Summers in the country required personal initiative since we lived miles away from the interesting parts of civilization. When I woke one morning, having a fruit stand wasn’t the first thing that came to mind. But I was bored, and I made the mistake of telling my father there was nothing to do.
“Why don’t you pick those blackberries in the pasture and sell them on the highway?” he said, brimming with delight at his great idea. The adults in our commune had instant boredom cures available at any time of the day or night. They always led outside and had no connection to television.
I pounced on his suggestion – not because I agreed, but since I knew the second choice would involve weeding the garden. I wanted an excuse, and tried to look exhausted, but he wasn’t swayed and handed me a bucket. Sometimes my best efforts at diversion didn’t have the tiniest impact.
I climbed the wooden pasture fence and walked across the field. My quarter horse Nipper followed me as I walked. Every few steps he rubbed his face against my back and shoved me forward a step. He stood beside me as I picked, reaching into the prickly branches to eat the berries. From time to time he stopped and stared as if waiting for an inspirational comment.
When I filled my baskets, I walked the mile to the end of the road and sat at a cardboard table and with a hand-written sign. I was directly across from the rock quarry where the cranes gouged the ground and dust made it hazy gray. My first customer was my neighbor, Mr. Louis, who stopped every time. He was about 100 years old and moved in slow motion. He had his own berry patch and it was within his power to have thousands of his baskets at any time. But he bought mine because, “They taste better when I don’t pick them myself,” he said. He always paid with change.
My second customer was my classmate Ronnie who lived down the highway at the place with the old cars. It looked like a parade that froze midstream and all the vehicles rusted in place. Ronald was different than the other kids and built rocket models from the metal parts strewn around his lawn. He was quirky, but we all knew he had a big heart. Once he found a kitten on the highway and he raised it to adulthood with nothing but an eyedropper and baby blanket. He carried his cat in back pack everywhere he went. He talked about velocity and E=MC2 as if the rest of us got it. But he bought four baskets and gave me $2.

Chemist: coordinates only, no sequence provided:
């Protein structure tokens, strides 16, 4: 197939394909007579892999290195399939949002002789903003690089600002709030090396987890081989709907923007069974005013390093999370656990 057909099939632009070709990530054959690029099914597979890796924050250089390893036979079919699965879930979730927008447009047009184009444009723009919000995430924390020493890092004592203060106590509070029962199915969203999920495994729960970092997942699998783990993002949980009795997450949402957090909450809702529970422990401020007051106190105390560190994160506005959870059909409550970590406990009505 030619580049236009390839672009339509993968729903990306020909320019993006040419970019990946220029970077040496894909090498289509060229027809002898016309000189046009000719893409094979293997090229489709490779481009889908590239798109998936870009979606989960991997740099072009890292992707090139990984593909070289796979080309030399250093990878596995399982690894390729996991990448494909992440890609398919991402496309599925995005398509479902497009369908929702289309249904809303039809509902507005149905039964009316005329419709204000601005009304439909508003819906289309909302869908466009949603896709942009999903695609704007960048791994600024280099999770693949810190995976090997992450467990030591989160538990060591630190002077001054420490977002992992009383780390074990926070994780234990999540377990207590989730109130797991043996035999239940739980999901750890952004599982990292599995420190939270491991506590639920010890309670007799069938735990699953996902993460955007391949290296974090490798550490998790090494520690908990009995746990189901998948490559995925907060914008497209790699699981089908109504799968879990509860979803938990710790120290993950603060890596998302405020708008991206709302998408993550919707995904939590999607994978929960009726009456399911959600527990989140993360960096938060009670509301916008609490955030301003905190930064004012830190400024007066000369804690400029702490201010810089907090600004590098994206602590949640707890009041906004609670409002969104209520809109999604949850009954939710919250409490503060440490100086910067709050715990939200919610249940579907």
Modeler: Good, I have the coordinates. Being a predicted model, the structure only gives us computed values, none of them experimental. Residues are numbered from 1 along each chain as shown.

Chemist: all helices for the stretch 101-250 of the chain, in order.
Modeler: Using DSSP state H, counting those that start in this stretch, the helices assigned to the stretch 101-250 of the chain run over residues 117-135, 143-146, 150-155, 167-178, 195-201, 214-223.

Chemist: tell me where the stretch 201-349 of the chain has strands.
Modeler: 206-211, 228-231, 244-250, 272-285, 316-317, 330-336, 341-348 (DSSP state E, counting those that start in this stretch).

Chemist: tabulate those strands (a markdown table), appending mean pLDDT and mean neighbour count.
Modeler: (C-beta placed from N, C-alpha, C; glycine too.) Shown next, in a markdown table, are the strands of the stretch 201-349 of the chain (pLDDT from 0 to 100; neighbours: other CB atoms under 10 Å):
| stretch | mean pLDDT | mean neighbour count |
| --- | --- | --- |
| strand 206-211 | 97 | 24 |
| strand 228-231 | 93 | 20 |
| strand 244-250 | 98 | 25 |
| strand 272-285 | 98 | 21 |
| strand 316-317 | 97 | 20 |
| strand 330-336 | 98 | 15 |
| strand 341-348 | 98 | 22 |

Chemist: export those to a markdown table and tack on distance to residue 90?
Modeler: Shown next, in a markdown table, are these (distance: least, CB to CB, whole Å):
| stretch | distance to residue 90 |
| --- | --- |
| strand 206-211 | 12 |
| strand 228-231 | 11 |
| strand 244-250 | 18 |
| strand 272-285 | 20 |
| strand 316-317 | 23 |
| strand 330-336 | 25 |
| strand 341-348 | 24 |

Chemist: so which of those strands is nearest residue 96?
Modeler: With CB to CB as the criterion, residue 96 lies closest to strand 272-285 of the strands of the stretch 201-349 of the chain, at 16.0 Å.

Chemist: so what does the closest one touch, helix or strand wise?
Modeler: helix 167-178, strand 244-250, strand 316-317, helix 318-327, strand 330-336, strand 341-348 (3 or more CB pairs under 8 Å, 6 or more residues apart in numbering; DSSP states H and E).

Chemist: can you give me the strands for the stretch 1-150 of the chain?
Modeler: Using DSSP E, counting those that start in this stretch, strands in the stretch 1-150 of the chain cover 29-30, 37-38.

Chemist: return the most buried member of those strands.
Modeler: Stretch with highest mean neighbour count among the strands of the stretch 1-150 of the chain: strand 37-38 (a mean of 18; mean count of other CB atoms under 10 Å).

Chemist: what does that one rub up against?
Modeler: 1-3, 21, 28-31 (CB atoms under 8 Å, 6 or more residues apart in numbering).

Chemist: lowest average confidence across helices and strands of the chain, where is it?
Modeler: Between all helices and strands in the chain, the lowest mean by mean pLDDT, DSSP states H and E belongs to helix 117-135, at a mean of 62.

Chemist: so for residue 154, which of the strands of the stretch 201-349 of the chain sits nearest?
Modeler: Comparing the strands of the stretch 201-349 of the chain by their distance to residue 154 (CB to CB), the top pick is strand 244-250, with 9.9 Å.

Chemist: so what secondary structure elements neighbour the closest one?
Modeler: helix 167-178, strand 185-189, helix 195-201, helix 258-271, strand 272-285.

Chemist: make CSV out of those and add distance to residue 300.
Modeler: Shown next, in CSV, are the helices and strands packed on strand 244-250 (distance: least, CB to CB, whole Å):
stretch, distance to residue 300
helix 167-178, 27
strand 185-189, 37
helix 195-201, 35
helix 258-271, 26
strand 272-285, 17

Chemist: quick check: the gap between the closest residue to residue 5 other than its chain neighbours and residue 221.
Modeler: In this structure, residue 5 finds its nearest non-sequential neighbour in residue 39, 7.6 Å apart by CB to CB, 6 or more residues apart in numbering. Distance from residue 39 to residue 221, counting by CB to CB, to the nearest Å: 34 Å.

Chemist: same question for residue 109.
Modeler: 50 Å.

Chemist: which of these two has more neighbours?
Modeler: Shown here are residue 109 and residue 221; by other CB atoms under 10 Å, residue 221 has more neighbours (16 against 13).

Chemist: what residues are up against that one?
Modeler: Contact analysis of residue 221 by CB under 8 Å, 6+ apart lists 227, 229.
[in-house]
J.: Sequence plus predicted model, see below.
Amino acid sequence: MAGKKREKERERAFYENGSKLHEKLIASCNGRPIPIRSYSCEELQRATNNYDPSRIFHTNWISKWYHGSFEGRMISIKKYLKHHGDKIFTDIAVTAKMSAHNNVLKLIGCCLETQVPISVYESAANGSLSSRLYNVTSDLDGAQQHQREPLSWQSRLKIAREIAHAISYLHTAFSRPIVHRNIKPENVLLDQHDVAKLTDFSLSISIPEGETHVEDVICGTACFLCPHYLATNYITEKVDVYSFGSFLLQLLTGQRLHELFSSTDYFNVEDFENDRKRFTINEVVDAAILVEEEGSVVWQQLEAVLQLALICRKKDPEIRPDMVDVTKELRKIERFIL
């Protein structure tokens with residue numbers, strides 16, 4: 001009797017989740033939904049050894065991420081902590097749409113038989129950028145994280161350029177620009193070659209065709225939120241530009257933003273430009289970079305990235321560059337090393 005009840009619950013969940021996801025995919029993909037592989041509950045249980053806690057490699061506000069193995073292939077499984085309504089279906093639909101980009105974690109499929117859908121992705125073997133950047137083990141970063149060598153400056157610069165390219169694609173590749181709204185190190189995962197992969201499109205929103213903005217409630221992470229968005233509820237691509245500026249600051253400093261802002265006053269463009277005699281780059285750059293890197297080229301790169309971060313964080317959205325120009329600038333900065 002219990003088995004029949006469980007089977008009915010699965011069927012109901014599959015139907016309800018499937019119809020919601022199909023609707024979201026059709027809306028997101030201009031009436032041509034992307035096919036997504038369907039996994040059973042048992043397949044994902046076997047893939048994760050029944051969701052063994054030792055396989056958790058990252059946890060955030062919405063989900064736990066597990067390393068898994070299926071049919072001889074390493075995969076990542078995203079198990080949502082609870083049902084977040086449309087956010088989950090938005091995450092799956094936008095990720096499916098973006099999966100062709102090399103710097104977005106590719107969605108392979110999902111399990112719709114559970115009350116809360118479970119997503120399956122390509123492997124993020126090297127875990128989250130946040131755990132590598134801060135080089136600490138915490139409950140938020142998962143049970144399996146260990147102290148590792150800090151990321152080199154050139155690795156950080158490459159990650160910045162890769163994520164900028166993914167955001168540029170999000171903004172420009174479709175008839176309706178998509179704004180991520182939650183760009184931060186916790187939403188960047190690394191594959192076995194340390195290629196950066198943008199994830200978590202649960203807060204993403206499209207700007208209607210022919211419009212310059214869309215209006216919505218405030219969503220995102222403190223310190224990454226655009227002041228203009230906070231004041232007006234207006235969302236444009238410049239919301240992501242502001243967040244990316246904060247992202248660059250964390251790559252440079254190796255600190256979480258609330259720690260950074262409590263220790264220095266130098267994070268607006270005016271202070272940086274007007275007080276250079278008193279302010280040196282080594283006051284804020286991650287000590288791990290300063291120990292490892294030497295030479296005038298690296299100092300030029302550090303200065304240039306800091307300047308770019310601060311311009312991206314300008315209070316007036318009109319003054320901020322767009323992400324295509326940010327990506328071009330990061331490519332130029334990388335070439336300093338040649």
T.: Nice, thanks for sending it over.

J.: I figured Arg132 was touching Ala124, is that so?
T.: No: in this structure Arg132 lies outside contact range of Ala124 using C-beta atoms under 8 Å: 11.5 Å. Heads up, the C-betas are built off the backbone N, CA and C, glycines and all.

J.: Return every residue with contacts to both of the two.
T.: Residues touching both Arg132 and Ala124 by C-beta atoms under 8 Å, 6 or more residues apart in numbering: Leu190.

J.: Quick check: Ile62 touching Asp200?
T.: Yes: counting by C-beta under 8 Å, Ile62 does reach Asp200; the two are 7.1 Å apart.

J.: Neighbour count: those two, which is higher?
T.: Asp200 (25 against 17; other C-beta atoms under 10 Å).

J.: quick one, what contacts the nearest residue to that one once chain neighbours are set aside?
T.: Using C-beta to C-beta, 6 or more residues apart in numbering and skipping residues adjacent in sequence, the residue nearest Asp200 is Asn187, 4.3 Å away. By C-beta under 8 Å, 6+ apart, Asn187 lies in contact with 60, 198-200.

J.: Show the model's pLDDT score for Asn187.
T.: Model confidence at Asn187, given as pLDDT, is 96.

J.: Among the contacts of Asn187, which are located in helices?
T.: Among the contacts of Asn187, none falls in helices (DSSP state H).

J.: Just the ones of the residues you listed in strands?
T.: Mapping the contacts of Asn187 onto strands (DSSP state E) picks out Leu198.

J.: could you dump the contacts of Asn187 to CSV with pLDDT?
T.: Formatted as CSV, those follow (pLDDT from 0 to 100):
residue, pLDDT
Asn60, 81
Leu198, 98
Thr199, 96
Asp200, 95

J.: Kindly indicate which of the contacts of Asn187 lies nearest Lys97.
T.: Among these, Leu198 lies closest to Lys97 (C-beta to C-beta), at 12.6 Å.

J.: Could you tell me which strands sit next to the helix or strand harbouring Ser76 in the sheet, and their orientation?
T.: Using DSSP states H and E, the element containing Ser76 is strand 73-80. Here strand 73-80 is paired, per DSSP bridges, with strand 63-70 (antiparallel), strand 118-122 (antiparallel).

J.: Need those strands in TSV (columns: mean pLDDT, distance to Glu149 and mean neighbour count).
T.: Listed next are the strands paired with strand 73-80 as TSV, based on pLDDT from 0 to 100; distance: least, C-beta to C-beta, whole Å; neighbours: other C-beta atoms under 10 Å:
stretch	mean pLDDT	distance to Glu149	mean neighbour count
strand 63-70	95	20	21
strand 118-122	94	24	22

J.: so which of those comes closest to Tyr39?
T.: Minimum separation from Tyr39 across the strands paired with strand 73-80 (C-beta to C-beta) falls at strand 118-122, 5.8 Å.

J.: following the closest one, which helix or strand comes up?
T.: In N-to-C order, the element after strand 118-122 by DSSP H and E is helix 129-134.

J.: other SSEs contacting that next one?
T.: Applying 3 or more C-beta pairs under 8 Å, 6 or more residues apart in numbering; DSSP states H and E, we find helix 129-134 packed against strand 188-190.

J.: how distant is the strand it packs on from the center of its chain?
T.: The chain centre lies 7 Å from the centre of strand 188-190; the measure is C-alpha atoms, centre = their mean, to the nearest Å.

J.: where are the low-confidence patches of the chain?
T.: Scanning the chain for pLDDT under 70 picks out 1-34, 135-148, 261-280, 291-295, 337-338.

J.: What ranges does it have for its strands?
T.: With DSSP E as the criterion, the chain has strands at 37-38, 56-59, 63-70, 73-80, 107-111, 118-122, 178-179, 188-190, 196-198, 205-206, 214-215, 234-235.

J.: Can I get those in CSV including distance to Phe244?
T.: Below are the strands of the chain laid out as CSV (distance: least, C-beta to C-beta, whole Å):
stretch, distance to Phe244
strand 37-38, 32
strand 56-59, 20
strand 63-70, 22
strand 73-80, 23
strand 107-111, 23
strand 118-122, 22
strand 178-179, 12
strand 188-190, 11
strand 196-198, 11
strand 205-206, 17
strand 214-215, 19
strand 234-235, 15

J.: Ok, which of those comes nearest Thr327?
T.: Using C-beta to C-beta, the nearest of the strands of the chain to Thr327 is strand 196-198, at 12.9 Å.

After an hour, the berries were gone and my pocket was full of dollars. My father arrived at that moment and loaded the table in the car and drove me home.
“It wasn’t that bad, was it?” He asked.
I pretended to mull it over. I thought about how hard it was to predict certain outcomes and that maybe I didn’t know the formula for a good morning, since here I was, not dead from boredom. My mind flashed to Mr. Louis and his quarters. I thought of Ronnie and his cat and our conversation about interstellar travel. I didn’t want to tell my father that maybe this was a perfect morning. Instead I looked at my purple fingers and gave my dad a thumbs-up.